When Julie Jensen, a New York book publicist, gets a hysterical phone call from her friend Georgia, whose husband has just walked out on her for a much younger woman, she begins to assemble a group of friends to take Georgia out and introduce her to the singles scene.
But along the way toward showing her what a fun-filled life she can now have, Julie realizes something. None of her friends is really having much fun, and in their lives are great spaces full of lost hopes and dreams.
So Julie’s next idea is to take time off to study the singles phenomenon and afterwards to write a book about it.
Sort of a journey toward finding some answers.
She starts traveling, with one or another of her friends, and visits France, Italy, Argentina, India, Bali, etc. The travels are seemingly endless and her discovery of what single (and married) life looks like in other parts of the world inspires her to try on new experiences. Just to see. Is romantic love a good basis for marriage? What is better or worse about arranged marriages? Does everyone need to be part of a couple to be happy?
Like an anthropological study, but also a way to connect to other women and learn from them, Julie’s experiences bring out her own fears and dash some of her hopes. What will happen to Julie afterwards? And what about her friends back in the states who are also going through their own trial journeys? Like Serena, who tried a spiritual journey, but left the cult disappointed. Or how about Ruby, who thinks single parenting is the answer for her? What will she discover? And finally, Georgia learns that sometimes you uncover a host of insecurities that seemingly spiral outward from the initial rejection, but in the end, you realize some valuable things about what you need.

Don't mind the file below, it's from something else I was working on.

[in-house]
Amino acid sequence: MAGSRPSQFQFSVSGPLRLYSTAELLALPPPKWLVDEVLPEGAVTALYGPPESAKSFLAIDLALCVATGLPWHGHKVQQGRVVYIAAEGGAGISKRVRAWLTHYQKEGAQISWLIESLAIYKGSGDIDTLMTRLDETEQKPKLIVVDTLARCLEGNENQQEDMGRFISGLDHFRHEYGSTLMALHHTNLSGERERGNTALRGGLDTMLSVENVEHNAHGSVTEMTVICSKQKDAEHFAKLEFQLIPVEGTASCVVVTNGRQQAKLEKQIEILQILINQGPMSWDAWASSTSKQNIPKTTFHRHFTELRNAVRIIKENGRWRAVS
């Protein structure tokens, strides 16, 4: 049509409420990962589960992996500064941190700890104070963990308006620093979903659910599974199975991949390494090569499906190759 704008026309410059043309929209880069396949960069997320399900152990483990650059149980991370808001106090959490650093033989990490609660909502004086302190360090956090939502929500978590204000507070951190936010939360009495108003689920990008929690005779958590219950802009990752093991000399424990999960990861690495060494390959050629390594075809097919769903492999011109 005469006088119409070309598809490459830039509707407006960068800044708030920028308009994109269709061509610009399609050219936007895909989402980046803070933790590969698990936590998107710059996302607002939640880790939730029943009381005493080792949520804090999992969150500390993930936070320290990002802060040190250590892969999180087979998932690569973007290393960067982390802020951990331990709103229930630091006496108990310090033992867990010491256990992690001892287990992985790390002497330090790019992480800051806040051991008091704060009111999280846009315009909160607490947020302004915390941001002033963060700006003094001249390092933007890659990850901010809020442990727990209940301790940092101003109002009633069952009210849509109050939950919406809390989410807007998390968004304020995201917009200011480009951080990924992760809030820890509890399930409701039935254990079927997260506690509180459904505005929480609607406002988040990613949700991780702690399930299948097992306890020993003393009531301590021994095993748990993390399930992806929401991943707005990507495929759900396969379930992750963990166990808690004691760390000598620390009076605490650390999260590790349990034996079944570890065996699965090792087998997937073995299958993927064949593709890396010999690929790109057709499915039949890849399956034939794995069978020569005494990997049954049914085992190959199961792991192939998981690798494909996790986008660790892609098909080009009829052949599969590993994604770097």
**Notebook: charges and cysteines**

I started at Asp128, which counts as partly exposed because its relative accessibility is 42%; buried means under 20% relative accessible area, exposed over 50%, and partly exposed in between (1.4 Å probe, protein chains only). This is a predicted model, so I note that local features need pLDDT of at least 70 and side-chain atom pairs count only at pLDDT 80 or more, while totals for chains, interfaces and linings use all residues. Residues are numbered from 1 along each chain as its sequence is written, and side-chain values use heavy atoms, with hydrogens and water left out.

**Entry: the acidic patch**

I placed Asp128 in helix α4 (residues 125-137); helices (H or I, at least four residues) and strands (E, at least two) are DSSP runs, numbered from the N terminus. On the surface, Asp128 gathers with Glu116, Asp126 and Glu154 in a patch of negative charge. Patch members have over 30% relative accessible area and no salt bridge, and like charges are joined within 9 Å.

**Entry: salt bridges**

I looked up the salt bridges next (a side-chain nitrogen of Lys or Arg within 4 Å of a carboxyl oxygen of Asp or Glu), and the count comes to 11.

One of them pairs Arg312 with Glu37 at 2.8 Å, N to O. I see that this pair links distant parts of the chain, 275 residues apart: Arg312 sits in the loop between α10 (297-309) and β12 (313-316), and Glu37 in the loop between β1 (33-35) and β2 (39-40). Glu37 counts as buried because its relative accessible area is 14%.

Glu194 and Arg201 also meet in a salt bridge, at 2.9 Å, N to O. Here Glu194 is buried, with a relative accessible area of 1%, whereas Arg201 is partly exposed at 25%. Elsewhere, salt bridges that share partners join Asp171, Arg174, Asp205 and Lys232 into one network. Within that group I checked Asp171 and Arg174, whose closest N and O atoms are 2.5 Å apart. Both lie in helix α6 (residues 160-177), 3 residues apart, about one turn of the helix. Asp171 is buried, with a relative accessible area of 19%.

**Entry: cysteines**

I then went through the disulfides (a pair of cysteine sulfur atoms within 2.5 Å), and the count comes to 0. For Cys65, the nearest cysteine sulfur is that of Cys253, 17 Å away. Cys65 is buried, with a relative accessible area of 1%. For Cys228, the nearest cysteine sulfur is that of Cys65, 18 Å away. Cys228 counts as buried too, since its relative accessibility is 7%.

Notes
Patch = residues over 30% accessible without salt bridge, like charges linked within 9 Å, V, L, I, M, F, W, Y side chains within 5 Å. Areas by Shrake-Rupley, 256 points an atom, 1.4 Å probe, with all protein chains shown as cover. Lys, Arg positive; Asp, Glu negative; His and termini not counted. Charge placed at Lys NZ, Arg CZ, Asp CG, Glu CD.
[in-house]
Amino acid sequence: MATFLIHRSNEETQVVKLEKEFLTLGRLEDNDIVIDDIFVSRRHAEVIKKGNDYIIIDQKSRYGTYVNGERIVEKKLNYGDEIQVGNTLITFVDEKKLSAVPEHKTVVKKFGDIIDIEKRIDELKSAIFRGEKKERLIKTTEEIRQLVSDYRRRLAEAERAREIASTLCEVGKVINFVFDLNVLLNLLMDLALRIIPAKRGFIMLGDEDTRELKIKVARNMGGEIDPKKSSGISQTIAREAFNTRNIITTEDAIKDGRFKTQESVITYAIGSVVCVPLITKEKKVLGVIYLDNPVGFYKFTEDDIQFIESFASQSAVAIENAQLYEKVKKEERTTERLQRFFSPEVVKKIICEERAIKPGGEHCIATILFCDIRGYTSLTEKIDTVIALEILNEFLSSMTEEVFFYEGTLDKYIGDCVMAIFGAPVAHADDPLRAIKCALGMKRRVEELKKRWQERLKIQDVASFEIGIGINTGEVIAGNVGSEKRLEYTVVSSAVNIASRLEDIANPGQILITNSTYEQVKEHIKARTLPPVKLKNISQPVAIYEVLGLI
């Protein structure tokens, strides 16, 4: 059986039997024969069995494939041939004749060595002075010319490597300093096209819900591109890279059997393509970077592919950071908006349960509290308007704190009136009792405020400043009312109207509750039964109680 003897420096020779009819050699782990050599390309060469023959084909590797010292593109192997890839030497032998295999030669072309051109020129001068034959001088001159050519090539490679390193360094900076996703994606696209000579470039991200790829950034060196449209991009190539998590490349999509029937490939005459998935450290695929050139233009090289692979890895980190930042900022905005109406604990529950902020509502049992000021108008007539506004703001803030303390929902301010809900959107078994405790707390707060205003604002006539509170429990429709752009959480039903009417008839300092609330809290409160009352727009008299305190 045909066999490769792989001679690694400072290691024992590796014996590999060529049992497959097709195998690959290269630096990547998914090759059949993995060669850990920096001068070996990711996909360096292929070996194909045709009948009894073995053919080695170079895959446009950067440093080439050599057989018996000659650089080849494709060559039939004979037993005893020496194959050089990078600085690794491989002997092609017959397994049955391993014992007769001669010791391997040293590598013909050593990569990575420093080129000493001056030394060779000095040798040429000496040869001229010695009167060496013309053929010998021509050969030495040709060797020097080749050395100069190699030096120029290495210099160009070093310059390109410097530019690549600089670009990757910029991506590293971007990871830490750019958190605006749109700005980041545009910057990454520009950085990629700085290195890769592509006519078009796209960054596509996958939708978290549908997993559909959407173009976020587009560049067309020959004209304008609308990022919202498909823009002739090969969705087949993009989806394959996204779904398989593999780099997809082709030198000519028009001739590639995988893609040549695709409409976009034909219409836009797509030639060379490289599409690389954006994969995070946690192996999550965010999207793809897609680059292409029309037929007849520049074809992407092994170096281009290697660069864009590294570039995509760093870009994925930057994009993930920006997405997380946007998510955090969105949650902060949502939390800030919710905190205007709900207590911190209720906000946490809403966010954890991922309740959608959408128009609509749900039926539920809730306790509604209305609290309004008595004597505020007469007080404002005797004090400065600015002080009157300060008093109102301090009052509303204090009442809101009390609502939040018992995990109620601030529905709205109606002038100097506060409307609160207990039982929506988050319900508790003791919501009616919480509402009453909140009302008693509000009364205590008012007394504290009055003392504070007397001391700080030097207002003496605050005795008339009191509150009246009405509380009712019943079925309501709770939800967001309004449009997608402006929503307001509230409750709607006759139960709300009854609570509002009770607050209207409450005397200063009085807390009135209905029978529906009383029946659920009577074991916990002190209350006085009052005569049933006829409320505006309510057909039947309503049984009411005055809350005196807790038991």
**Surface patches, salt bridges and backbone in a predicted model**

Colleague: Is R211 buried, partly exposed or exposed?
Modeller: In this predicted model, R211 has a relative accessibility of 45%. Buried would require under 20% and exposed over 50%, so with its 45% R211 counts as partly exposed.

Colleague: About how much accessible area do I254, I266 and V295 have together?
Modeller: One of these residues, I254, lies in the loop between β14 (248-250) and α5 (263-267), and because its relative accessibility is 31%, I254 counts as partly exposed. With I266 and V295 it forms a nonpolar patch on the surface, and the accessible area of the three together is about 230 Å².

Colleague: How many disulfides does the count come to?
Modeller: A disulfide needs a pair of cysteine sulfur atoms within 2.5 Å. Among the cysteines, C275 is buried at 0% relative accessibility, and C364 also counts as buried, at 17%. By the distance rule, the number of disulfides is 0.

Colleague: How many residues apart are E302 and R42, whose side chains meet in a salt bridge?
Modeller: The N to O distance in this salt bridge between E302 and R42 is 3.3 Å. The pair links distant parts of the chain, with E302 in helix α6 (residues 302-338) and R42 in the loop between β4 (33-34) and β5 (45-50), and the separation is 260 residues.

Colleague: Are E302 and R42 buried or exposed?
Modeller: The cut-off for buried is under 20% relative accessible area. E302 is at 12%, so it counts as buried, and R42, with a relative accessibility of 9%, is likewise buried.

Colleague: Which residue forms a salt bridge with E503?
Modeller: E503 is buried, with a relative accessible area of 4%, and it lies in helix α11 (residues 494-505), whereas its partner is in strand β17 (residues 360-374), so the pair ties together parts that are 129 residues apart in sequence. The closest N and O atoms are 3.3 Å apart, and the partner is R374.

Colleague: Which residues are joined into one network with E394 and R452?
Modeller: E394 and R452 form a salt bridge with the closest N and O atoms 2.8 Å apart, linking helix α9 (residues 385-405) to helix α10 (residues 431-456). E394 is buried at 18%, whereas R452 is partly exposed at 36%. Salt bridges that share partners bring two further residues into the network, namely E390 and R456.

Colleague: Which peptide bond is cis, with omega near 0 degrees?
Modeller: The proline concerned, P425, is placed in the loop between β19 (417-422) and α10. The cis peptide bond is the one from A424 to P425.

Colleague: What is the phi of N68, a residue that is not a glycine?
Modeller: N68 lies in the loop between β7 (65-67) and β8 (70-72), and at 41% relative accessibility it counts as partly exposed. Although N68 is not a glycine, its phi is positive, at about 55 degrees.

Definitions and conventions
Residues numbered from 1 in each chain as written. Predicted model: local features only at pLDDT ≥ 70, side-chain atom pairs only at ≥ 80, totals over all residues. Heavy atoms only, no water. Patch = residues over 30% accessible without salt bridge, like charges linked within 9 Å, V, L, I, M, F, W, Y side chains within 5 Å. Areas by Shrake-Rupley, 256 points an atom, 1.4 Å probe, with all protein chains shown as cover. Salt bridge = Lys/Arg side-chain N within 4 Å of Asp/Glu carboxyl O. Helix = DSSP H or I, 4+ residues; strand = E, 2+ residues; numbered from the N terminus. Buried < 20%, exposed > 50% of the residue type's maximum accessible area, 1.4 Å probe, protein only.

And on the last leg of their journey, the women discover something unexpected: they have formed a connection to one another. And in a ritual they discover in Iceland, where they all converge toward the end, they realize that they can let their expectations go.
How to Be Single: A Novel is narrated in the first person by Julie, whose thoughts and feelings fill the pages, and who is not the least bit afraid to show her darkest moments. In some ways, though, the experiment smacked of massive self-absorption. A study of what privileged women might do to make sense of their world. A fictional tale that felt like a memoir, however, and like a conversation with the narrator.
While I found many parts of the book fun and enjoyed laughing at how each of the women seemed unafraid of looking vulnerable, I didn’t feel that connected to any of the characters. Their lives did not resonate for me, and the whole thing felt too reminiscent of Eat, Pray, Love. But for those who enjoy stories about New York women, or privileged women looking for love, you might like this one. For me: 3.5 stars.